The Predator: Hunters and Hunted – Official Movie Prequel – Book Review

A lot of movie tie in books, especially prequel stories, find it hard to connect to the film that they’re supposed to be a part of. Often times this is because the film makes it hard to create an exciting new story around it without taking away from the events of the movie.

One example that immediately springs to mind is Transformers: Ghosts of Yesterday, the prequel to the 2007 movie. The book felt like it was having to try hard to make a compelling story that didn’t effect the film in any way; and this was something that I was expecting from The Predator: Hunters and Hunted.

Thankfully, however, the book not only introduced a number of the characters that will appear in Shane Black’s upcoming The Predator, but also contained enough action and story to feel like it could have been a Predator film in its own right.

The story follows a group of people from Project Stargazer, a secret government programme to protect the Earth from Yautja incursion, and to acquire both their technology and a living specimen to study. It’s here, at Project Stargazer, that we meet two characters from the film: Sterling K. Brown’s Will Traeger and Jake Busey’s Sean Keyes.

Sean Keyes, as eagle-eyed Predator fans may have spotted, is the son of Peter Keyes (Gary Busey) from Predator 2. His inclusion is one of the things that intrigued me the most about the new project, and his character gets a really good introduction, delving into his reasons for being at Project Stargazer and becoming a xenobiologist in the first place. He doesn’t feature much in the book, but his scenes are very engaging and sets up his motivations and character perfectly for the film.

Traeger, on the other hand, gets much more of the book dedicated to him, taking up part of the sub-plot where he and the project’s commander have to lobby for more funds in Washington DC. Not the most exciting sounding plot, but when it’s revealed that Traeger is actually carefully manipulating politicians in order to oust the project commander and take over, it becomes a little more interesting, and sets up his position for the movie.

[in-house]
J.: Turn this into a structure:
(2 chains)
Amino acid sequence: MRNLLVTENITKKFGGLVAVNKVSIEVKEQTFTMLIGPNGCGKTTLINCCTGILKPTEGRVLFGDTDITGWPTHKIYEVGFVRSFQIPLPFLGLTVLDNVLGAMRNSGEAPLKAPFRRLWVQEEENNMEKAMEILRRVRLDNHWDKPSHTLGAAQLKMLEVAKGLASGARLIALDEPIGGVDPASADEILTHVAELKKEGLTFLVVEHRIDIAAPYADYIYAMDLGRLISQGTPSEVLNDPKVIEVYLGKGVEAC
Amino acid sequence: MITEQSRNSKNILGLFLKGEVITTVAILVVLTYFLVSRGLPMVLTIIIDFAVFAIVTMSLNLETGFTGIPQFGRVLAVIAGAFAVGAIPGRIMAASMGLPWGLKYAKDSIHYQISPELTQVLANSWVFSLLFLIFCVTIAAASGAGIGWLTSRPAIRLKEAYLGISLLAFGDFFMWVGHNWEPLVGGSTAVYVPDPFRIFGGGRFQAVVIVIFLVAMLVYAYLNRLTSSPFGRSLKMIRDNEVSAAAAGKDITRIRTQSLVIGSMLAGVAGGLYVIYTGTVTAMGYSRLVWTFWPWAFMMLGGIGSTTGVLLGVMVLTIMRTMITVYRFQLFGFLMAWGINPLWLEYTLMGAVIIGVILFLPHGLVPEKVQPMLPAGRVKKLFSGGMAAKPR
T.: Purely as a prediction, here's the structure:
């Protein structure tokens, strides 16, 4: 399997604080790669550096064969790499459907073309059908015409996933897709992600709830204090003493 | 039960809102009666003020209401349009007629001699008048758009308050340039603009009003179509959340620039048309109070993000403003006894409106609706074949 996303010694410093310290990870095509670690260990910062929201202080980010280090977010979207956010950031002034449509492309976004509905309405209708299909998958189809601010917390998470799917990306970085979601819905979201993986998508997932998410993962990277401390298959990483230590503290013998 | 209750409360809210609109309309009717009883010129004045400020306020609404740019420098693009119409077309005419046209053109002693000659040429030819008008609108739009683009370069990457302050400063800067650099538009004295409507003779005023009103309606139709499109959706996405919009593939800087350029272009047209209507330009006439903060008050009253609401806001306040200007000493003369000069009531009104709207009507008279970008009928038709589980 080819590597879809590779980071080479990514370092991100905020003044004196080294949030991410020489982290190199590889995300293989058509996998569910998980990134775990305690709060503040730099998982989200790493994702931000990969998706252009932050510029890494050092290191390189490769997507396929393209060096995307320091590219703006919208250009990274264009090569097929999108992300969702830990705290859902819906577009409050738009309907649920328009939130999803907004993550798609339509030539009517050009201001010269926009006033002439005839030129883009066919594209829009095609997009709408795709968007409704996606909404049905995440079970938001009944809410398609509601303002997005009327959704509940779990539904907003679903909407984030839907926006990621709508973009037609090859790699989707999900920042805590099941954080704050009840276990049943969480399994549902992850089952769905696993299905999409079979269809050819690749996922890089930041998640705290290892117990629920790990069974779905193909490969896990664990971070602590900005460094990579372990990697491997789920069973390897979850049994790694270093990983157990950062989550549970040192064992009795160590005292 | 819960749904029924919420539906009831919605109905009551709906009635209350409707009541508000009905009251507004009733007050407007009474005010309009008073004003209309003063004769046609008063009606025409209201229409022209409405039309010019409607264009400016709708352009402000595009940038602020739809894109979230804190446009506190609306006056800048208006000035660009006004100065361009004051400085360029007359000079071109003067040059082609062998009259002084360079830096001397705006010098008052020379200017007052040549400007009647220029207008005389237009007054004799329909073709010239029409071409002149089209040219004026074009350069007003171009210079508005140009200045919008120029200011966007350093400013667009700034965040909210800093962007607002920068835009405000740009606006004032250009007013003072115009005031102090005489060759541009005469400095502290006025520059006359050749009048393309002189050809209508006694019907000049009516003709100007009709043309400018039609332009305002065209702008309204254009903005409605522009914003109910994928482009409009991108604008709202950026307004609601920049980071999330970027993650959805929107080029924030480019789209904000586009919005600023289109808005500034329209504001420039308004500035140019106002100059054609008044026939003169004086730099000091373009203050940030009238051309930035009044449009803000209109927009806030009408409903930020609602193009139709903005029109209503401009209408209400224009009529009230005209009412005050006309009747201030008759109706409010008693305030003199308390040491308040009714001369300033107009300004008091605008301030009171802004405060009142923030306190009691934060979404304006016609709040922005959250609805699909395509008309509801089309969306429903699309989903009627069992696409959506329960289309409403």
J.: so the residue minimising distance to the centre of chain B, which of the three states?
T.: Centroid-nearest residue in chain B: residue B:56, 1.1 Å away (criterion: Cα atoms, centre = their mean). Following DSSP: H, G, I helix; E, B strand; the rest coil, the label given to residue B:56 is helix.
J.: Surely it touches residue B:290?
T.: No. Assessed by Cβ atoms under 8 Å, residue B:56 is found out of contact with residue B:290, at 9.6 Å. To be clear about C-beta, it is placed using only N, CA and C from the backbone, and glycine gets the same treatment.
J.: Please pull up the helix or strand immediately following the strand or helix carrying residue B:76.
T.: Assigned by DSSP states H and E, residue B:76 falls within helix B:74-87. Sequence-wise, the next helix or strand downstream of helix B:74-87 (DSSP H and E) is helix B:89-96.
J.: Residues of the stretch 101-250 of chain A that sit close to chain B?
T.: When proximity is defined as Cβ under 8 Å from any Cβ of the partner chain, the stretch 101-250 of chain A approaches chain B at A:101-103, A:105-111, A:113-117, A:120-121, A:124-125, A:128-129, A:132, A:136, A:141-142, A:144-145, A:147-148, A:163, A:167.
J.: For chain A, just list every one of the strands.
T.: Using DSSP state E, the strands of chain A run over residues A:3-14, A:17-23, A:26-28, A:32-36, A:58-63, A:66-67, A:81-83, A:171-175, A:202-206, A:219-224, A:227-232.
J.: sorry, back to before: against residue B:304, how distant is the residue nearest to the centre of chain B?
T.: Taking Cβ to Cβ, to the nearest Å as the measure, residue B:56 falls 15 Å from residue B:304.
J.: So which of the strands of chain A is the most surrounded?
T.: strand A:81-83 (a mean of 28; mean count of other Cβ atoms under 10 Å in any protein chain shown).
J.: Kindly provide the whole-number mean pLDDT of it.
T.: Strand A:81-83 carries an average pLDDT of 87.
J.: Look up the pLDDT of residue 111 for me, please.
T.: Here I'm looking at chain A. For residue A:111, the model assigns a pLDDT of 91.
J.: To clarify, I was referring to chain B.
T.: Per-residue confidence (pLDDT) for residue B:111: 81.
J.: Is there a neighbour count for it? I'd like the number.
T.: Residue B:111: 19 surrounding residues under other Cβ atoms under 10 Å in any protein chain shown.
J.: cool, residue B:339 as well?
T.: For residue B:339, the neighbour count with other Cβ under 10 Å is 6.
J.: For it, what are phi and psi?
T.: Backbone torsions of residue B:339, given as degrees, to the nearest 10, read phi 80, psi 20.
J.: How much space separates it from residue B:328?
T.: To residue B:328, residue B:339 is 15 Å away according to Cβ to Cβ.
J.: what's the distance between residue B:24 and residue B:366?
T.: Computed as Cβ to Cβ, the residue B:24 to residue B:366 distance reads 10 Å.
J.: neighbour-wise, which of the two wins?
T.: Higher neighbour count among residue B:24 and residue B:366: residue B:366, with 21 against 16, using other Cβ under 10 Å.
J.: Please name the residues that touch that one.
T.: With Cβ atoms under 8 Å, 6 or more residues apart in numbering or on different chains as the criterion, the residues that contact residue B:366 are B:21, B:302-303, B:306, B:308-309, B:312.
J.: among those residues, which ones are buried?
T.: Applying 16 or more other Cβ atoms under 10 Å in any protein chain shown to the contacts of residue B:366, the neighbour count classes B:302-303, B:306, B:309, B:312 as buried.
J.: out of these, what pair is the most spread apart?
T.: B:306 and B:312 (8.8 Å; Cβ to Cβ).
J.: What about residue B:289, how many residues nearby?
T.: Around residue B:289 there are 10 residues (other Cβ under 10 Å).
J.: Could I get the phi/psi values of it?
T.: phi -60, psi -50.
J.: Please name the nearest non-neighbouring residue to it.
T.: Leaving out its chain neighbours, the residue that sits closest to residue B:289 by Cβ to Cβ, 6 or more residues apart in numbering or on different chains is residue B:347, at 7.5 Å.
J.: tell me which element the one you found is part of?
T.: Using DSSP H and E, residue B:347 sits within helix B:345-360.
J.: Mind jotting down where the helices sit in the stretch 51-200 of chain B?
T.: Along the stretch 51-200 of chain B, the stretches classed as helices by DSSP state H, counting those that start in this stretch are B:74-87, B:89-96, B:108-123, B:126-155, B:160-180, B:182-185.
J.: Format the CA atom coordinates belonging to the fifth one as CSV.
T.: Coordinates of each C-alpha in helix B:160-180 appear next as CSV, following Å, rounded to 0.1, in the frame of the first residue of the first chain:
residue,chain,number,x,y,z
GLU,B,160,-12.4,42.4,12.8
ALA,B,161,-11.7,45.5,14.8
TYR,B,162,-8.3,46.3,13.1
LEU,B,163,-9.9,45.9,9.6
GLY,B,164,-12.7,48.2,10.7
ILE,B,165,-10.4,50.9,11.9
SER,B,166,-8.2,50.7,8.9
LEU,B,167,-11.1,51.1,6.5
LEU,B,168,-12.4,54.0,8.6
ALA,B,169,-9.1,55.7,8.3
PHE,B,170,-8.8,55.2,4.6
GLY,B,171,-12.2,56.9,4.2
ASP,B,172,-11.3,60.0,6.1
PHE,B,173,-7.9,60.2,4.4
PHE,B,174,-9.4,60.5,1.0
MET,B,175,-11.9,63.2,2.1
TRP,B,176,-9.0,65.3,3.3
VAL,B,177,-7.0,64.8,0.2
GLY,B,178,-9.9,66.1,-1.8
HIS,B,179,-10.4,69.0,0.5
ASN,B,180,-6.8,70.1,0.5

The rest ofJames A. Moore’s novel is given over to The Reavers, Project Stargazer’s elite unit trained by a Yautja survivor, Roger ‘Pappy’ Elliott. The Reavers are interesting enough and ‘Pappy’ is engaging as both a Vietnam Veteran and someone who has survived a Yautja in the past. The book makes a point to spend some time highlighting that having faced an alien in combat has left more than just physical scars on him, delving into his recurring nightmares and resulting alcoholism. It also gives some vague hints at other survivors, including mentioning both Alan ‘Dutch’ Schaefer (Arnold Schwarzenegger) and Mike Harrigan (Danny Glover), without using their names.

This is what I was expecting from the book: a look into the human side of the upcoming film that touched upon some of the characters that would be appearing. What makes it really good is when a Yautja comes to Earth to hunt.

The Reavers are sent out to capture the creature, and actually manages to do so (though they do lose half their men when they do so). When the creature manages to escape from the Project Stargazer facility it returns to its ship, gets some new gear, and sets out to go retrieve its weapons and tech from the humans. It’s here that the best part of the book begins, as the remaining members of the Reavers go out to kill the alien.

Whilst the book is good at crafting human drama and has a fairly epic finale action sequence, the one thing that I feel lets it down is the Yautja; or more specifically, the sequences written from its point of view. There’s nothing hugely wrong with these moments, they’re not as good as in other Predator books and James A. Moore lacks a little something in these moments.

On a whole, however, The Predator: Hunters and Hunted is engaging and entertaining. It’s hard to know how well it fits into The Predator yet, but the story here builds a sense that it provides a good background that shouldn’t step onto the toes of the film’s events. Even if this was a stand alone book that wasn’t a tie-in, it would still be a thoroughly entertaining read.

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